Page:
To stay within air quality standards set by the Environmental Protection Agency, the Fort Benning Environmental Management Division is asking commuters to help reduce vehicle emissions — and it all begins with a simple survey.
And it’s not just Fort Benning seeking to accomplish sustainability goals. Tannis Danley, air quality program manager, said it was part of the federal government’s efforts, calling it “greening the government.”
For Fort Benning, Danley said it is because of the possibility of Fort Benning becoming a nonattainment location due to the increasing amount of commuter traffic to Fort Benning and the lower National Ambient Air Quality Standards set by the EPA. Nonattainment areas are locations that exceed NAAQS standards set by the EPA as required by the 1990 Clean Air Act.
Danley said the standards have become more stringent and Fort Benning is sandwiched between trying to lower vehicle emissions and dealing with an increasing population.
The two pollutants officials are most concerned with are ozone and particulate matter. These pollutants cause health problems such as coughing, chest pain, and throat pain, according to the EPA’s website. It can also worsen conditions like asthma and bronchitis. Children, older adults and people with lung and heart problems are especially susceptible to air pollutants as they may worsen or create new conditions.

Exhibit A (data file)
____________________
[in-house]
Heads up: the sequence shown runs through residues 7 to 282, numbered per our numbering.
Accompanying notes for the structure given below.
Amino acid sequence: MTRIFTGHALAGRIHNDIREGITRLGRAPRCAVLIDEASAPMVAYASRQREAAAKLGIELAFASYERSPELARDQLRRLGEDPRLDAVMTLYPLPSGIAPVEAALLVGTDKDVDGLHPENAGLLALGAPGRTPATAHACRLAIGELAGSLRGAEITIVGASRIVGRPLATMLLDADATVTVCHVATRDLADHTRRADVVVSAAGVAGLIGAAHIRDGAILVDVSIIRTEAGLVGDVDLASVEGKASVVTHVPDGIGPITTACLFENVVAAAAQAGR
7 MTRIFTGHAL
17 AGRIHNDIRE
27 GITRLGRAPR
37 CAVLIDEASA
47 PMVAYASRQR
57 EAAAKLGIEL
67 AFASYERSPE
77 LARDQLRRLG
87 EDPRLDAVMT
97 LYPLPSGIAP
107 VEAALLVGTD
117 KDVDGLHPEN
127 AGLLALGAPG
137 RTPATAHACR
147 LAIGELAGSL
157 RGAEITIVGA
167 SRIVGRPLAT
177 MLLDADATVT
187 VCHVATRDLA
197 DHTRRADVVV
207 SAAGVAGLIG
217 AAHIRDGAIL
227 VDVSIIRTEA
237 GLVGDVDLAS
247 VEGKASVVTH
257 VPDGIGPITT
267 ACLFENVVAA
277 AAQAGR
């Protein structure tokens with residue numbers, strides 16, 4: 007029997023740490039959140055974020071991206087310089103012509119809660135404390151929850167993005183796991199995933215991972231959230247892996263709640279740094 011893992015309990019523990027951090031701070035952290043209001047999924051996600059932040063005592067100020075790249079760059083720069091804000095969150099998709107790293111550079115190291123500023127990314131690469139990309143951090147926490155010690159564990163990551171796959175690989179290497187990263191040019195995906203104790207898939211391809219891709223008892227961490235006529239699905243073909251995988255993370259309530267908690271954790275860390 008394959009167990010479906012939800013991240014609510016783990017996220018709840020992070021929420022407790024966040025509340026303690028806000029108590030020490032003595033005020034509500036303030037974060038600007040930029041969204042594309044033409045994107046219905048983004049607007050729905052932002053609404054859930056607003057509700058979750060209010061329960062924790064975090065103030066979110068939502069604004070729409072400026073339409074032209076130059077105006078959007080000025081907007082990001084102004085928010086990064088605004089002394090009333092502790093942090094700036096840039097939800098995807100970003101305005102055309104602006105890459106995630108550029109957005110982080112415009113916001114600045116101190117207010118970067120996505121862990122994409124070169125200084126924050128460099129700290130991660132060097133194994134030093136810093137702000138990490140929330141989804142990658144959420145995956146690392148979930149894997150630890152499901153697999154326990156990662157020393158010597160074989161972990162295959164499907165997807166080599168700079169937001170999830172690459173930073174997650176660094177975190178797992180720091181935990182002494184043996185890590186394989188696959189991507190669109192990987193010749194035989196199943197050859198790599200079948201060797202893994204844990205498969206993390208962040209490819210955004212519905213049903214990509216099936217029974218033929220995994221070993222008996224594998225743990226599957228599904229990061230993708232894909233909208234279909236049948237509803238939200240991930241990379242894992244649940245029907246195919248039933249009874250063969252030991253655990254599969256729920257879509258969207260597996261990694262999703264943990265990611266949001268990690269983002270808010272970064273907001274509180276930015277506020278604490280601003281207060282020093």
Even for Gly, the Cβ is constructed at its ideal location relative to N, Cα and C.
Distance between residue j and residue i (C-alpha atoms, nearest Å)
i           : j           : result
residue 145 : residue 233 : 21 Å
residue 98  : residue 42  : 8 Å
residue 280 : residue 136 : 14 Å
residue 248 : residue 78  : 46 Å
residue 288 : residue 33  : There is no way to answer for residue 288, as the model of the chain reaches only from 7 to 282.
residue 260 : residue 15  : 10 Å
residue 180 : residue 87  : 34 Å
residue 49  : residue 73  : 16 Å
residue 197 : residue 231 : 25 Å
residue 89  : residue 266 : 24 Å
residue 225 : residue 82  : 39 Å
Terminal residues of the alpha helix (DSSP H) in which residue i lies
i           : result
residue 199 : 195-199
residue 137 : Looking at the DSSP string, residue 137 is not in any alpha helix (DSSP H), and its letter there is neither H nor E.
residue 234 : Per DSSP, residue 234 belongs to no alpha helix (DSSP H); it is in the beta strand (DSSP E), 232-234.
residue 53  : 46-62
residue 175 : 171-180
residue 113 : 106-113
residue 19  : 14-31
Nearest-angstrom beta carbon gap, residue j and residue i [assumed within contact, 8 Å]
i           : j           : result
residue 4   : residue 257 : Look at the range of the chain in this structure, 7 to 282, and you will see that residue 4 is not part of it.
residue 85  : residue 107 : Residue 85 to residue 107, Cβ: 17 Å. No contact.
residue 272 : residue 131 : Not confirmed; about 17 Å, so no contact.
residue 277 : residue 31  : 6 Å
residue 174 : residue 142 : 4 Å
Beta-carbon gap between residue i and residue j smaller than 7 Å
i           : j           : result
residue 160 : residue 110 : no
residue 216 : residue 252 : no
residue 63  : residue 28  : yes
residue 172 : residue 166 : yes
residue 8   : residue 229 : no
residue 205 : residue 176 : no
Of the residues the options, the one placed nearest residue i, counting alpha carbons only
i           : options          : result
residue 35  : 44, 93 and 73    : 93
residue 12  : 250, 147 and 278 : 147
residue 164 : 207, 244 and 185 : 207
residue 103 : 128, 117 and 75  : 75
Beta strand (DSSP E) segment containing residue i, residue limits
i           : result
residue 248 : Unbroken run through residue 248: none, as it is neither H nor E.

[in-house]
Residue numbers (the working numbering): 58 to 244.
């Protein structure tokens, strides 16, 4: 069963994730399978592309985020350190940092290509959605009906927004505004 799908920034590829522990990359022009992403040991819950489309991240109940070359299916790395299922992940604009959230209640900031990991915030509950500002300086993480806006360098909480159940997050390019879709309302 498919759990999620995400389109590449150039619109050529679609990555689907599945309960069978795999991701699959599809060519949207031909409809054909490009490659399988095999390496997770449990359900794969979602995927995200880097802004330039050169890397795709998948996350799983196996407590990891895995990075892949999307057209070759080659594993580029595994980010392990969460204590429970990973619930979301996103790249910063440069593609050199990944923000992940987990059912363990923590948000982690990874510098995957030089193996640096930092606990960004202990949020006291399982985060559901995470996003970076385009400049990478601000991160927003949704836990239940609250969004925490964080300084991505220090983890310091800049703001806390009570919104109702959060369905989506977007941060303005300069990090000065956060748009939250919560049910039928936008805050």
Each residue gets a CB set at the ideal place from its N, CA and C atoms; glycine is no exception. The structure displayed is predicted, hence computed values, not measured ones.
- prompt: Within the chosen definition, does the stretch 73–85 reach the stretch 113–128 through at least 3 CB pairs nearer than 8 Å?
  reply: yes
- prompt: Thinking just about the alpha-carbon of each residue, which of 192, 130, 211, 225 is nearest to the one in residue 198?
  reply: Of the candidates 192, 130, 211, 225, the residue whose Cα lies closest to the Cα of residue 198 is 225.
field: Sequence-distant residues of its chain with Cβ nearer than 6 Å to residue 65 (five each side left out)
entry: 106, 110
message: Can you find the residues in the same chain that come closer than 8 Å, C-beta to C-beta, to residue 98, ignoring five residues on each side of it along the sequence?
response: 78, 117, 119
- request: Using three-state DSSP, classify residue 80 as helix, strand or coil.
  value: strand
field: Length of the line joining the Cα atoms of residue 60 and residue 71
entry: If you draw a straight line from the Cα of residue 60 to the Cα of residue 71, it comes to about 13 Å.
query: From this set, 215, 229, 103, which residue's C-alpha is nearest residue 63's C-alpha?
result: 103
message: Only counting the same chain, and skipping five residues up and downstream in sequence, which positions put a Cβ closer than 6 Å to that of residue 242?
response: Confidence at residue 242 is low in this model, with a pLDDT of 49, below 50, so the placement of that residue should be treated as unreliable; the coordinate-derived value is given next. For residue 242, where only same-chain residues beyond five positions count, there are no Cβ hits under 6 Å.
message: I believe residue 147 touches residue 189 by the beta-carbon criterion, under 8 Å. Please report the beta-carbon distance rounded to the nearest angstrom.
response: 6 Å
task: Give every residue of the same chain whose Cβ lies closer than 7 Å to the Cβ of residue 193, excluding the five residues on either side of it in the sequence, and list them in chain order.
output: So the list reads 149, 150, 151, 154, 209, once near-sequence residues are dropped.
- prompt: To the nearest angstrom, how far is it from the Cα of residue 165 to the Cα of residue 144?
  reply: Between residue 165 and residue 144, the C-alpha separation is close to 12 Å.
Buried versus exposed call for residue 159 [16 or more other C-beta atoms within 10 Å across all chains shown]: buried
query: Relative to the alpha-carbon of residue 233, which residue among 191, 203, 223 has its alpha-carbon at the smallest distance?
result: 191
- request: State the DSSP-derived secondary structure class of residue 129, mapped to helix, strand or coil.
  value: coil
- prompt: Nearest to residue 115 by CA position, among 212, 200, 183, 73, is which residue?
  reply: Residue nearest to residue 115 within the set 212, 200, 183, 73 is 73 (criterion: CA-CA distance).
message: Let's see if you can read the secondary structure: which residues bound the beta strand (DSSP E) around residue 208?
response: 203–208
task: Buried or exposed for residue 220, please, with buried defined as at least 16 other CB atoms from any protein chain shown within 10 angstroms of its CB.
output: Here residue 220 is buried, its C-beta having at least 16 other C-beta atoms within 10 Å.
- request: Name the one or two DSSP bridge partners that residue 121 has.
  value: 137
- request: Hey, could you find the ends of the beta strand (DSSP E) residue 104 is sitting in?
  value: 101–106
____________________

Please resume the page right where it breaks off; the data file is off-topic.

Fort Benning is working in partnership with the Clean Air Campaign to reduce these air pollutants. Fort Benning’s first step is the commuting survey, which will determine commuting trends on Fort Benning.
To get an accurate trend, a large number of surveys are needed, Danley said. People who complete the survey can enter a drawing for a chance to win one of 50 $10 Visa gift cards.
At the completion of the commuting survey, participants are directed to the Clean Air Campaign’s website where they are encouraged to log commuting hours, as well as find alternate methods of travel besides driving alone. In return, those who join are given incentives such as being eligible to win gift cards and gas cards.
The Army also has the Army Mass Transportation Benefit program, which gives more incentives and benefits to Army service members and their families, and civilians working for the Army.
Danley said besides carpooling, other ways people can reduce vehicle emissions include making sure cars are tuned up, tires are inflated properly, driving the speed limits and turning off cars whenever possible instead of leaving them idle.
To complete the clean air survey, go to www.surveymonkey.com/s/FortBenning.